Campus News

More than 6,000 high school seniors offered early admission

Some 6,600 high school seniors have been offered early admission to UGA for fall semester 2013.

The admissions office received more than 11,300 early-action applications for the freshman class that will enter in 2013—a record number and slightly more than last year.

This year, 58 percent of early-action applicants are being offered admission, about 7 percent of applications are being denied and, as last year, about a third of the total is being deferred. Those who are deferred are asked to submit additional information by the regular-decision deadline of Jan. 15. Other applications received are incomplete and will be added to the regular-decision pool.

Early-action decisions are based solely on academic criteria. Nancy McDuff, associate vice president for admissions and enrollment management, noted that in recent years more students are waiting to apply until the regular-decision deadline to have additional factors considered, such as high school activities and volunteer work.

“For some students, that’s a good decision, and we encourage it,” she said.

This year’s early-action applicant pool is again academically strong and diverse, with high test scores and grades and a rigorous curriculum. A quarter of the students applying for early action identified themselves as being from an ethnic or racial minority group. More than 800 early-action applications, representing nearly 7 percent of the total pool, were received from African Americans. The number of early-action applications from Hispanic students totaled nearly 600.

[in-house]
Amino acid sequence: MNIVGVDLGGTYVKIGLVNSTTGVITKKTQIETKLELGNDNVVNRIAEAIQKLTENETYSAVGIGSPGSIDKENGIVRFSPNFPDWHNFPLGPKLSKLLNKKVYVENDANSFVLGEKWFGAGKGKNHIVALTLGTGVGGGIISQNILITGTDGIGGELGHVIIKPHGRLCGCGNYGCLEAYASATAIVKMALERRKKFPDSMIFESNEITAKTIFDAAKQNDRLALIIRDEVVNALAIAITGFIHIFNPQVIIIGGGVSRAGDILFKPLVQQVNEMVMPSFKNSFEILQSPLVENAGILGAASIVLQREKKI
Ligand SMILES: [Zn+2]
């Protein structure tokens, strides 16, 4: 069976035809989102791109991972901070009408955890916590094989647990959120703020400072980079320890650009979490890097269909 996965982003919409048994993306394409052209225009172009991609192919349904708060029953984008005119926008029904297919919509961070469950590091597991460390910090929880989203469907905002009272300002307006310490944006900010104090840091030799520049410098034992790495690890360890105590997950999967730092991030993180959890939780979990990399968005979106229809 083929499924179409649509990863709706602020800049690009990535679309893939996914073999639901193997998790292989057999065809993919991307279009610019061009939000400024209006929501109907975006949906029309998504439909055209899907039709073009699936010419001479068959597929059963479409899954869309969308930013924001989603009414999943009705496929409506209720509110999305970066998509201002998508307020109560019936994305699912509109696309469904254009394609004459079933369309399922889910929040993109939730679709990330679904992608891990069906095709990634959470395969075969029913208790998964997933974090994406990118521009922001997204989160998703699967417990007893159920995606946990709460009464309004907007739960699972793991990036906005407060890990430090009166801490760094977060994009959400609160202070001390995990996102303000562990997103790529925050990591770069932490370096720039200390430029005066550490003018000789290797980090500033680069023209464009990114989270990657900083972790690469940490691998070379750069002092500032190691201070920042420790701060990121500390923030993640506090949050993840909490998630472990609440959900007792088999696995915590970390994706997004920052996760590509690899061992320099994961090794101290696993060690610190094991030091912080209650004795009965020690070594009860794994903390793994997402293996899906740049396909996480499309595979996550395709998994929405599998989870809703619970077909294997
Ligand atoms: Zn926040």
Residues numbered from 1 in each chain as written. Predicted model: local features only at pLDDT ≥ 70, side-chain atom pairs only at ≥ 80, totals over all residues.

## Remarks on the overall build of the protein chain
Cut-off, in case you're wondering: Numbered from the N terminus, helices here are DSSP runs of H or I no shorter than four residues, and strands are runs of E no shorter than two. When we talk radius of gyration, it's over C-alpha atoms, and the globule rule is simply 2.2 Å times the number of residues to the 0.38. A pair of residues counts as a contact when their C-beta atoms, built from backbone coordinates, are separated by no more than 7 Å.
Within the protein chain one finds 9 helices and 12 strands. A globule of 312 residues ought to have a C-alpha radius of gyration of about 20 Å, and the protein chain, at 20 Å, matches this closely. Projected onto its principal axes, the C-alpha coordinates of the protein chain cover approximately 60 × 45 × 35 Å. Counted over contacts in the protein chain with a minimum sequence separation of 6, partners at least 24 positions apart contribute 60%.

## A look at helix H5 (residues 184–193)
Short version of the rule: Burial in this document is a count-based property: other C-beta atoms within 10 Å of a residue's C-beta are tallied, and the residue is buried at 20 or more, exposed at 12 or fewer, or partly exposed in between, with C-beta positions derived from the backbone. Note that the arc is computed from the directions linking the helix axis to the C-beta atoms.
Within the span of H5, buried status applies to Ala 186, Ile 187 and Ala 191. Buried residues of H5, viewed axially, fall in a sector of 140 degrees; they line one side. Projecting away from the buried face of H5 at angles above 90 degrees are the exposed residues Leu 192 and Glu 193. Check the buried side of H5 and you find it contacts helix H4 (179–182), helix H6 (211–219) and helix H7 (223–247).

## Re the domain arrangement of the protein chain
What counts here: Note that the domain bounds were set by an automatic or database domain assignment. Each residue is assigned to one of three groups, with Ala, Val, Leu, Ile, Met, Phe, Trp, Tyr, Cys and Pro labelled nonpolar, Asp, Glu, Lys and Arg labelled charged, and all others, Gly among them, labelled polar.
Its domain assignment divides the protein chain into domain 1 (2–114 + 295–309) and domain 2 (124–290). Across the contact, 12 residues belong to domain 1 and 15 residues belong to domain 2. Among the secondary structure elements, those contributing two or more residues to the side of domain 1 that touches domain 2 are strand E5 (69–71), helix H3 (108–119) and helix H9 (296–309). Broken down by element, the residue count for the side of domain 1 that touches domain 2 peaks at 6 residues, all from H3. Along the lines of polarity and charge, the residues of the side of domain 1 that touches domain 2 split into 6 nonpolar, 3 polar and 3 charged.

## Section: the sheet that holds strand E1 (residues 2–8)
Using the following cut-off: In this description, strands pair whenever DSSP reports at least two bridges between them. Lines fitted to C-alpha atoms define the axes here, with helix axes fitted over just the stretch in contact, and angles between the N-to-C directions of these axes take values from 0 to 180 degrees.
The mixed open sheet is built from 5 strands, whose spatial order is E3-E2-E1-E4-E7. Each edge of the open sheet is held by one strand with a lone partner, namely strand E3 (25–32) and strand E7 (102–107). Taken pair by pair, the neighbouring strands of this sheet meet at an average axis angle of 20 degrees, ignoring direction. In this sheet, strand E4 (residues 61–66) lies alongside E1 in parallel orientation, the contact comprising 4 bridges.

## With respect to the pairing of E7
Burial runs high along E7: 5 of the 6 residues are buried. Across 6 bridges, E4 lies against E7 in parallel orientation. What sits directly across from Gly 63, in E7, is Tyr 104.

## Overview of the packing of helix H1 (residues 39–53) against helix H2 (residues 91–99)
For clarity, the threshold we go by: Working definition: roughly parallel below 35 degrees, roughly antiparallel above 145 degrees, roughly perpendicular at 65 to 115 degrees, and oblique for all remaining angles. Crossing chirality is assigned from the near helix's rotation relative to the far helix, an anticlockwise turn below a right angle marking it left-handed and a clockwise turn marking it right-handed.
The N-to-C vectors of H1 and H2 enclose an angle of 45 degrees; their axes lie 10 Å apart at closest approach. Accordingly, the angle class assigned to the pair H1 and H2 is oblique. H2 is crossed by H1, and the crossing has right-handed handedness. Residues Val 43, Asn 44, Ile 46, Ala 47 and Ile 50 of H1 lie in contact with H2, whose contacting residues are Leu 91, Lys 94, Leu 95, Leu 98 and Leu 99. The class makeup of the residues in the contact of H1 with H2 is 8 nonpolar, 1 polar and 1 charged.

Similar to last year, those offered admission at this point are academically superior with an average GPA of almost 4.0, a mean SAT of 1355 (with a mean SAT writing score of more than 650) or a mean ACT of 30. UGA requires students to submit writing scores for their ACT and SAT tests; those scores are an integral part of the selection process, McDuff said. Those  admitted through early action also took an average of seven advanced placement or international baccalaureate classes.

McDuff predicts that by Jan. 15 the admissions office will have received close to 20,000 total applications for the incoming class, with a target enrollment of 4,900 new first-year students entering in summer or fall and another 200 in spring 2014. Typically, about half the students offered admission go on to enroll at UGA, a comparable yield to other selective universities.